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Standard hydrogen electrode
The standard hydrogen electrode (abbreviated SHE), also called normal hydrogen electrode (NHE), is a redox electrode which forms the basis of the thermodynamic scale of oxidation-reduction potentials. Its absolute electrode potential is estimated to be 4.44 ± 0.02 V at 25 °C, but to form a basis for comparison with all other electrode reactions, Hydrogen's standard electrode potential (E0) is declared to be zero at all temperatures. Potentials of any other electrodes are compared with that of the standard hydrogen electrode at the same temperature.
Hydrogen electrode is based on the redox half cell:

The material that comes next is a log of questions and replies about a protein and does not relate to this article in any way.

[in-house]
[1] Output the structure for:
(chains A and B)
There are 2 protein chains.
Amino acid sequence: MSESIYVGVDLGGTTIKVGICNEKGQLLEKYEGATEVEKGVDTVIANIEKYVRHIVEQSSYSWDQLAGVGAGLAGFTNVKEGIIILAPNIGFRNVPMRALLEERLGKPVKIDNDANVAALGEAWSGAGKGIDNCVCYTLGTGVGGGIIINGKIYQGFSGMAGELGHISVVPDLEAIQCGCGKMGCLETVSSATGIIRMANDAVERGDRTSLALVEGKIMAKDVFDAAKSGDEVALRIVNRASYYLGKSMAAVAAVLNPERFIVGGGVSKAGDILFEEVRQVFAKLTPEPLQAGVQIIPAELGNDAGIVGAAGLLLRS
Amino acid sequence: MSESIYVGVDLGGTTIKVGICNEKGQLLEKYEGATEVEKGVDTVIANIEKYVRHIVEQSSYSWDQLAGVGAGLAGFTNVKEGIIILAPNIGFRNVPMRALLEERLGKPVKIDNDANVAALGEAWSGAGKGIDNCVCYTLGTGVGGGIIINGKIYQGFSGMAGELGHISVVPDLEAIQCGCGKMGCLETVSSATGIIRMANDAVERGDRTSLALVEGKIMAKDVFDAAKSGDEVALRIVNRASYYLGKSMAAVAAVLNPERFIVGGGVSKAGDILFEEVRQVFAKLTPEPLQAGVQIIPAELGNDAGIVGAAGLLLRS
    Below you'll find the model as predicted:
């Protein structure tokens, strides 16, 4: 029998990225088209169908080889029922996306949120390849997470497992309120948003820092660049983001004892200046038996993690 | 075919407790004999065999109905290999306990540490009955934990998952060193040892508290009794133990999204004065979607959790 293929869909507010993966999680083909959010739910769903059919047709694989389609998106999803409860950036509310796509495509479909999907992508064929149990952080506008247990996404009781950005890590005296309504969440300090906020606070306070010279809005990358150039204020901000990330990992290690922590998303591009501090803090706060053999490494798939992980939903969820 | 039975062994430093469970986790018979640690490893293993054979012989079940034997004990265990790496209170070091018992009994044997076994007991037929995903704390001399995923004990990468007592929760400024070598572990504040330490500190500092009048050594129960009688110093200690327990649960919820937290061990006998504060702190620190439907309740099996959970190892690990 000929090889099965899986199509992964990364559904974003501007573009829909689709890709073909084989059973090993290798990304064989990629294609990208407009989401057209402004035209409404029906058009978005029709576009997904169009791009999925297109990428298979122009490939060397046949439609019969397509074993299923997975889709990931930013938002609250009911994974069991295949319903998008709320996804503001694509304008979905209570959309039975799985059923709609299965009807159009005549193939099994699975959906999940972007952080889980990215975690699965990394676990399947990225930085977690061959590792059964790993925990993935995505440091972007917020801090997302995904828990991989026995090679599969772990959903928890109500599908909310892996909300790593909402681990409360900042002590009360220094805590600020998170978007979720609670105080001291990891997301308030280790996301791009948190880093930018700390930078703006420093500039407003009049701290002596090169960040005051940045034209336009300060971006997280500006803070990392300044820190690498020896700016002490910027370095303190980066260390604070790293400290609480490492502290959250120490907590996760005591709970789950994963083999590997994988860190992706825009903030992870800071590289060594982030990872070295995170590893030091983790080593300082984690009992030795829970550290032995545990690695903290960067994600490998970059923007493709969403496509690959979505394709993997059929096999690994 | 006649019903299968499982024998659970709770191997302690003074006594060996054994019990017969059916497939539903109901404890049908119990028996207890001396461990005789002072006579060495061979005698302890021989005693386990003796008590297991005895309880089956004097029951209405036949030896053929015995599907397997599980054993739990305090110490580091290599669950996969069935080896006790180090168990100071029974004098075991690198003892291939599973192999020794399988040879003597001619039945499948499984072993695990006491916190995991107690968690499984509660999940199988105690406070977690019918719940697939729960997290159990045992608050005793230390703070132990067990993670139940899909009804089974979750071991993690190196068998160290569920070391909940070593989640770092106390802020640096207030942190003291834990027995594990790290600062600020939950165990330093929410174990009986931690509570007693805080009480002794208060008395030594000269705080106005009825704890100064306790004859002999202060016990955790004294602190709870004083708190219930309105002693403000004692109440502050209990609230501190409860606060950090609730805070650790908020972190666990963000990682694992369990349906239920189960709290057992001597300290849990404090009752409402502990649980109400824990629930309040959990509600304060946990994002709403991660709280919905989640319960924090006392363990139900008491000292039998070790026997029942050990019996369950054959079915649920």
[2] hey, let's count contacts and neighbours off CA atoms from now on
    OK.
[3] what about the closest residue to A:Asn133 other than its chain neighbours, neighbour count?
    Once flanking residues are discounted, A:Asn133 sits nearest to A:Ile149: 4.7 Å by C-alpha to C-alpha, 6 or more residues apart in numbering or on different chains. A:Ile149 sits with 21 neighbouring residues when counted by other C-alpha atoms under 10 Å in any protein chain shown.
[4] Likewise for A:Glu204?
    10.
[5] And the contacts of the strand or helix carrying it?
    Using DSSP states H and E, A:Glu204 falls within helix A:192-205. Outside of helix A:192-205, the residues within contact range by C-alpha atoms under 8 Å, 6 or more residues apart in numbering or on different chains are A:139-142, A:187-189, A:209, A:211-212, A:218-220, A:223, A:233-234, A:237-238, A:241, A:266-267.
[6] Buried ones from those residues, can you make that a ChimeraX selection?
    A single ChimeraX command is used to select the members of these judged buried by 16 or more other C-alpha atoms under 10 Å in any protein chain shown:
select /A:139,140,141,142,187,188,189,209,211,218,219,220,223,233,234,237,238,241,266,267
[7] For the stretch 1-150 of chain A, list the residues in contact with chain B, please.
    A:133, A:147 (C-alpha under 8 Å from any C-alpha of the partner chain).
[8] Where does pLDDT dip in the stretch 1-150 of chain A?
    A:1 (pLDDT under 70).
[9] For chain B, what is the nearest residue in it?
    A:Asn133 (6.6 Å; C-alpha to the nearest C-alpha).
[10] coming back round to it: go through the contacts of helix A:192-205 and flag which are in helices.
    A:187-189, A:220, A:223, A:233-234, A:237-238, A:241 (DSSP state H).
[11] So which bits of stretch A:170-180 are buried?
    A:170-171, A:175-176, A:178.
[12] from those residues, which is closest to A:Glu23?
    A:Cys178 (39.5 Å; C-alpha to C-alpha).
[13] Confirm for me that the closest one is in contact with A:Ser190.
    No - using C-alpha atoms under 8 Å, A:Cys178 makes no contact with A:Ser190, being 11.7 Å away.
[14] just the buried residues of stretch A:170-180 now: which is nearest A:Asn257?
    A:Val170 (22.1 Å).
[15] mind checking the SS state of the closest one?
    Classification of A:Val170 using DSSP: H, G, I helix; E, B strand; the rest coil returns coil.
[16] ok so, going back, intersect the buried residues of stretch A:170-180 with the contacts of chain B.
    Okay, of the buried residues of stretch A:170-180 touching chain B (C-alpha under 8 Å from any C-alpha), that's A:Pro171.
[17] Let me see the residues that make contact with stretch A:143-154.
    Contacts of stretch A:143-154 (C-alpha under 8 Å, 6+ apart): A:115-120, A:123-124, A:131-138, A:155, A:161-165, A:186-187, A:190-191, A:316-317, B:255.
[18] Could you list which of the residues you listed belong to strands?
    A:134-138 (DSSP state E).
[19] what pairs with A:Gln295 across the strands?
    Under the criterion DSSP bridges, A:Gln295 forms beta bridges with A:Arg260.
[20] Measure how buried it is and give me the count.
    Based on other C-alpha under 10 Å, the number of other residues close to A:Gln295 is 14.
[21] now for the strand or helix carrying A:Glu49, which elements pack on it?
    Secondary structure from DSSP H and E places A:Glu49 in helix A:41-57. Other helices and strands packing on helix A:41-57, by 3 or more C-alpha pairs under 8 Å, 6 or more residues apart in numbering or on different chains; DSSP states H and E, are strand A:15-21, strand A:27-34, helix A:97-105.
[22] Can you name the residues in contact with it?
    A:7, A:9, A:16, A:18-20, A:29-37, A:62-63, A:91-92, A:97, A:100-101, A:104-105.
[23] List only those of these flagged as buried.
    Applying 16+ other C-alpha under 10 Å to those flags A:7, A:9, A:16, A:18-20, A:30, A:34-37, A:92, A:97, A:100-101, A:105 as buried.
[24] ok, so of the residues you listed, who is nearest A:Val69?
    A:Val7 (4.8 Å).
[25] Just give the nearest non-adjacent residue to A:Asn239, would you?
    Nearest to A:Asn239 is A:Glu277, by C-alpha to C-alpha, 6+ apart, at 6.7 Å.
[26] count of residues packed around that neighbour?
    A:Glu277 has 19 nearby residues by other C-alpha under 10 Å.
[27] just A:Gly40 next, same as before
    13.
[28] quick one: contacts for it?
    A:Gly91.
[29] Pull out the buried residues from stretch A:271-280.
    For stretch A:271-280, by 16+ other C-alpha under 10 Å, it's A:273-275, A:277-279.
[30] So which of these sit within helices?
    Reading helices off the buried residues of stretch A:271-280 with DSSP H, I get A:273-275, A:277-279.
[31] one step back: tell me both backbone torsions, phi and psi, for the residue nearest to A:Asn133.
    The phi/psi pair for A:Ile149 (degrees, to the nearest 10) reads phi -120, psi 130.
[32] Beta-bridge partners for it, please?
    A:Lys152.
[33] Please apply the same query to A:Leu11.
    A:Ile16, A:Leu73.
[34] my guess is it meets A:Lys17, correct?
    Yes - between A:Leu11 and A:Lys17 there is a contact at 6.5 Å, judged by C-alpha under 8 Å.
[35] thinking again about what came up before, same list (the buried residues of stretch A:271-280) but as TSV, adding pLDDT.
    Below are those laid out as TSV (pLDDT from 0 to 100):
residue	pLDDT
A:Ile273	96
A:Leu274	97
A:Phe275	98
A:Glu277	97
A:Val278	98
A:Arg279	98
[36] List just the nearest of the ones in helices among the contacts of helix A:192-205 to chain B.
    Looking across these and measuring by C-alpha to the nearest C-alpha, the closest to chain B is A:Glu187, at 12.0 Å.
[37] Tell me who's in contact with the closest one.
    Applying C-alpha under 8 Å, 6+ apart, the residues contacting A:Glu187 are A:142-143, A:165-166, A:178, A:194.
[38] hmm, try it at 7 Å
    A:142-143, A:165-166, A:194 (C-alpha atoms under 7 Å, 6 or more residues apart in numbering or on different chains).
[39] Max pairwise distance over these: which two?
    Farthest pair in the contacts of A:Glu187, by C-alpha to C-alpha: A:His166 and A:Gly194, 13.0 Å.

This redox reaction occurs at platinized platinum electrode.
The Nernst equation should be written as:
Additional recommended knowledge
The choice of platinum for the hydrogen electrode is due to several factors:
The surface of platinum is platinized (i.e., covered with platinum black) because of:
Nevertheless, other metals can be used for building electrodes with a similar function, for example, palladium-hydrogen electrode.
Because of the high adsorption activity of the platinized platinum electrode, it's very important to protect electrode surface and solution for the presence of organic substances as well as oxygen of atmosphere.
The scheme of the standard hydrogen electrode:
Categories: Electrodes | Electrochemistry | Hydrogen technologies
|This article is licensed under the GNU Free Documentation License. It uses material from the Wikipedia article "Standard_hydrogen_electrode". A list of authors is available in Wikipedia.|